·        Boots & Gloves – In cold water you need to keep your feet and hands warm as well.  A pair of 5mm – 7mm dive boots will run you about $40 and keep your toes toasty.  Neoprene dive gloves in the 3 – 5mm range will also run you around $40 for a decent pair and you’ll be glad you spent the $.  In addition to keeping your hands & fingers warm, gloves are essential to protecting your hands from cuts and scrapes on barnacle encrusted rocks.

·        Fins – Really any fin will work, but most prefer a short to medium length fin.  Force Fins are popular among the Montauk skishing crowd.  Though I’ve not yet tried Force Fins, I’ve really had no major issues using a standard length dive fin.  One advantage I can see of using a shorter fin would be that they would be easier to walk in during your entry and exit from the surf, or when climbing onto a rock.  I currently use Tusa Expert split fins, modified with screws through the bottom of the foot pocket to provide some traction on slippery rocks.

·        Compass – This is an essential piece of equipment if you will be going out on a dark night or in foggy conditions.  Do NOT leave the shore without one in these conditions and make sure you take a reading before you go in the water so that you will always know which direction you have to go to get back to shore.  I use a wrist mounted compass like this:

·        Knives – In the event that you get tangled in fishing line, hook something much larger than you can handle in the water, or encounter a larger tooth bearing fish, you’ll want a knife.  If you drop your knife, you’ll want another one.  I carry a medium sized folding knife on my belt, and a larger blade on my calf.  Make sure you keep these sharp and rust free.  Titanium blades are becoming fairly economical and are much less prone to rusting than any stainless blade in the same price range.  Most other tools I carry are leashed, so that I do not lose them, but I prefer not to leash my knives.  I do not want anything like that getting in the way or hampering their use when I need them.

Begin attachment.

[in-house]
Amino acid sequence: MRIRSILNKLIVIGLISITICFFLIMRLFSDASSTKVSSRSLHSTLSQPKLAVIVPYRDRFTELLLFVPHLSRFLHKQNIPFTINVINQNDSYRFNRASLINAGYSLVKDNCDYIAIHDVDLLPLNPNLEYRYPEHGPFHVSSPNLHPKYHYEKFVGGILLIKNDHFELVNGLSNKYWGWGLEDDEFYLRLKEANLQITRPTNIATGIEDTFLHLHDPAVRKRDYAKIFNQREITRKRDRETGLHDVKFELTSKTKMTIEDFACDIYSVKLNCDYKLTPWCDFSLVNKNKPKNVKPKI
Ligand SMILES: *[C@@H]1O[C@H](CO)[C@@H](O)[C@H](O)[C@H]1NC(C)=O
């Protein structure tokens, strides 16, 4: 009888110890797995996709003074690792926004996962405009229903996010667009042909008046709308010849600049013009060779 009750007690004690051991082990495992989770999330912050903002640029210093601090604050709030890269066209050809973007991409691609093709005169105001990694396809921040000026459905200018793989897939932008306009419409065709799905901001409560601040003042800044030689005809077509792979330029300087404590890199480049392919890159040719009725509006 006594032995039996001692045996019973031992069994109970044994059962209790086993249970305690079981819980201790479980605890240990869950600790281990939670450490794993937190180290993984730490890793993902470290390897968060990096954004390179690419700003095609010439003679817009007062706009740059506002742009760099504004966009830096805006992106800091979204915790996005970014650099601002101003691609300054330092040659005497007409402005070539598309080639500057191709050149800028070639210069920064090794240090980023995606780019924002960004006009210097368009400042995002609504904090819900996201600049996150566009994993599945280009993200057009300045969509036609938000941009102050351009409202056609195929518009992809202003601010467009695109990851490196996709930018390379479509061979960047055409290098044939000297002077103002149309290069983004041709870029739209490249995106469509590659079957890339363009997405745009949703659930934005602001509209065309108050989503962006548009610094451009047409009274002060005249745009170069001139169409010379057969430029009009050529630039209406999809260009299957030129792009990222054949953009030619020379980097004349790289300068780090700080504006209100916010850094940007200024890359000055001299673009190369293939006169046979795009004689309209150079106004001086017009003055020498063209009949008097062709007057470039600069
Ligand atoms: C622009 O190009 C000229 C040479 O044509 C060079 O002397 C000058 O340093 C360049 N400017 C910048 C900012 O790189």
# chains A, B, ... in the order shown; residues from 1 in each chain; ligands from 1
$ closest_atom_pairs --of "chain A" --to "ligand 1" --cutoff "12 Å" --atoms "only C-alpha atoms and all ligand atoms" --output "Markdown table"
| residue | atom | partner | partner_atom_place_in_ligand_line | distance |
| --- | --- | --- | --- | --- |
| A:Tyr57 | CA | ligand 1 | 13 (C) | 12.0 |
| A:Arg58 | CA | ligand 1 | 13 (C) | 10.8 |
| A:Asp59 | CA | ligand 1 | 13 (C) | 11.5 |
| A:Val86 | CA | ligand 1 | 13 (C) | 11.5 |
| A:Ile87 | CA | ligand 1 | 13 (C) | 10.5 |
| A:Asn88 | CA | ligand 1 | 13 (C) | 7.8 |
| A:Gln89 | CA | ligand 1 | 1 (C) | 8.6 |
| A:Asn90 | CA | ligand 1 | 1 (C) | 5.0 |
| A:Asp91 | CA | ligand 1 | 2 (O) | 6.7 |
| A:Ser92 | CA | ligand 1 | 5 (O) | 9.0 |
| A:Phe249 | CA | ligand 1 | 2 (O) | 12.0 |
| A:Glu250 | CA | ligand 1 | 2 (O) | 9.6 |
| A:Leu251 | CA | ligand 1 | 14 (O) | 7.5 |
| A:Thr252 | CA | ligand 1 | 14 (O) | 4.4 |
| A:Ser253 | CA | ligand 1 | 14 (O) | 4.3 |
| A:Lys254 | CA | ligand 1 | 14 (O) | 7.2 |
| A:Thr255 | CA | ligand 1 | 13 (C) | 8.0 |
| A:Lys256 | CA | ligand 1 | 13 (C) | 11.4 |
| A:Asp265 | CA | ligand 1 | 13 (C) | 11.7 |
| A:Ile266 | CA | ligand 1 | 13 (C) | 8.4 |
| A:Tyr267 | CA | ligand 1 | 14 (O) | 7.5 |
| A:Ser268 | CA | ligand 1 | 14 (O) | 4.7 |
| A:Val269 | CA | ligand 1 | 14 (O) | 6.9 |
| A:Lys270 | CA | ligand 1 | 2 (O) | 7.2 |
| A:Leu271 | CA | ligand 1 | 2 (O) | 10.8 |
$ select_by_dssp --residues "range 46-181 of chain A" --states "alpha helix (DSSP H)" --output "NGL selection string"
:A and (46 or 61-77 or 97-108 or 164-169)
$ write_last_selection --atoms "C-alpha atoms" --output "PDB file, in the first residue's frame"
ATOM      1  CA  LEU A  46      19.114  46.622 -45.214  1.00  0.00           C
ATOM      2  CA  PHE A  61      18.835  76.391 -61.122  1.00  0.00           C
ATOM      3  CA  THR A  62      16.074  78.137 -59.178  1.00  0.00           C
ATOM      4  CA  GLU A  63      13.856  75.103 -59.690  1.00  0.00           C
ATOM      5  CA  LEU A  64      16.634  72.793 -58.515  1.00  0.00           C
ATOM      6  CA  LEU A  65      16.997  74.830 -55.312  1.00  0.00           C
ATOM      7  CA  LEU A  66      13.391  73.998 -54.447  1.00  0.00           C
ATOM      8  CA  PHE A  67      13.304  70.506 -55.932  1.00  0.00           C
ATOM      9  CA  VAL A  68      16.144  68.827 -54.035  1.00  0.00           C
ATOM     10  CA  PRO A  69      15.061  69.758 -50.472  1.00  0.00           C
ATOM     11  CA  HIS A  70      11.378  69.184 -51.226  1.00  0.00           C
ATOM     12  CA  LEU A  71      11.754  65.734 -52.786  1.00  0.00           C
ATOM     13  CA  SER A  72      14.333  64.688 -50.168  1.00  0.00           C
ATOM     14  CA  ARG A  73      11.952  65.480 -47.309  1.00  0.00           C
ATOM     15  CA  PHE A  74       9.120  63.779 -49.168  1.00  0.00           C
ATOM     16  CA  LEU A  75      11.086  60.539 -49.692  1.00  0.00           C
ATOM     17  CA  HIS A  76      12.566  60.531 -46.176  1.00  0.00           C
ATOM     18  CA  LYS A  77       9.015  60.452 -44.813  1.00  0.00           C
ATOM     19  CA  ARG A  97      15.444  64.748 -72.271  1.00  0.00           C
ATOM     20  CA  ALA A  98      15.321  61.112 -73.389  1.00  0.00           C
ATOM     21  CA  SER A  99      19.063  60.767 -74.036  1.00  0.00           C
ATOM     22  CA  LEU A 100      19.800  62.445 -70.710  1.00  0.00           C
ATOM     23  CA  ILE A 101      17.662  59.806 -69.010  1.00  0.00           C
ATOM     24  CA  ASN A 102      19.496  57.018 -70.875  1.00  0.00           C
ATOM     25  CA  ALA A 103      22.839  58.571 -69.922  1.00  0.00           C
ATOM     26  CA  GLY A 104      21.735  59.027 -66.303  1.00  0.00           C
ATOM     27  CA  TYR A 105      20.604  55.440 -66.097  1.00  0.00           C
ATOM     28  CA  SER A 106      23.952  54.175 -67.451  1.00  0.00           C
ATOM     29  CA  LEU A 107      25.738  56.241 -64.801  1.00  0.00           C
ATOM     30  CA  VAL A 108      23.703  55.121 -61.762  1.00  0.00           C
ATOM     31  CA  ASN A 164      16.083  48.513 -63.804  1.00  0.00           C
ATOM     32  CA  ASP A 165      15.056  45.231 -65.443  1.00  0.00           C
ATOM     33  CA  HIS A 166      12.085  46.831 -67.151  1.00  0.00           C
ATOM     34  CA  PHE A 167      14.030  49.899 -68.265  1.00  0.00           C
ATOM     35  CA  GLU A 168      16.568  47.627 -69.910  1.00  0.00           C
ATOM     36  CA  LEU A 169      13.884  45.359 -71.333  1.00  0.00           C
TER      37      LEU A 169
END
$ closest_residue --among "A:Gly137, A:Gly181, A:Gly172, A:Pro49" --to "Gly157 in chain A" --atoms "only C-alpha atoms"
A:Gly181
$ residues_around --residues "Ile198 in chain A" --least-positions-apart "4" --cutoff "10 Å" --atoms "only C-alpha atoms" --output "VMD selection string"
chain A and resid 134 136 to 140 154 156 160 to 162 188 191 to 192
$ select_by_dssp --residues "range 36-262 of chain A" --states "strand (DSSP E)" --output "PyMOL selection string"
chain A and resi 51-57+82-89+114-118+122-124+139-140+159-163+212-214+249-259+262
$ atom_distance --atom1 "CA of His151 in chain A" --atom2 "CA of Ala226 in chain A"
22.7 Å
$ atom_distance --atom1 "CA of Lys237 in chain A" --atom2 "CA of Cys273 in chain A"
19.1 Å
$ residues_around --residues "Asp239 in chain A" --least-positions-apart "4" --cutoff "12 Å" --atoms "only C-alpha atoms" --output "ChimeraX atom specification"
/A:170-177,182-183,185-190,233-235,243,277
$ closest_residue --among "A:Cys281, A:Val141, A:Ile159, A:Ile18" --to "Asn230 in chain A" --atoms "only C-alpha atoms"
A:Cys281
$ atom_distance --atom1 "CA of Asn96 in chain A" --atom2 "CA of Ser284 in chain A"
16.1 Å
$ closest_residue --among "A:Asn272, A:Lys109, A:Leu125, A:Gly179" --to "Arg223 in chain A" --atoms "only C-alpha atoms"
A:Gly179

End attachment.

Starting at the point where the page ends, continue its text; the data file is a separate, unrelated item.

·        Pliers – Get yourself a good pair of corrosion resistant pliers, with a cutting edge strong enough to cut a hook, and a sheath, to aid in hook removal and line cutting.  Again, since these will be completely submerged in saltwater most of the time, it is a good idea to get a pair that is not at all prone to corrosion or wash them thoroughly after each swim (not something I tend to have time for).  If you insist on using barbed hooks, it is essential that your pliers be strong enough to cut through a hook in the event that you end up with it buried in your flesh.  I strongly recommend crimping the barbs on your hooks, as this not only makes it much easier to unhook a fish while you are swimming, but it also will allow you to pull it out if you stick yourself inadvertently. I ALWAYS crimp the barbs on my plugs and anything else with a treble hook.  Unless bluefish are prevalent, I usually do not crimp the barb of jigs, eel hooks, or single hook tins.   Leash your pliers to the sheath to prevent loss should you accidentally drop them.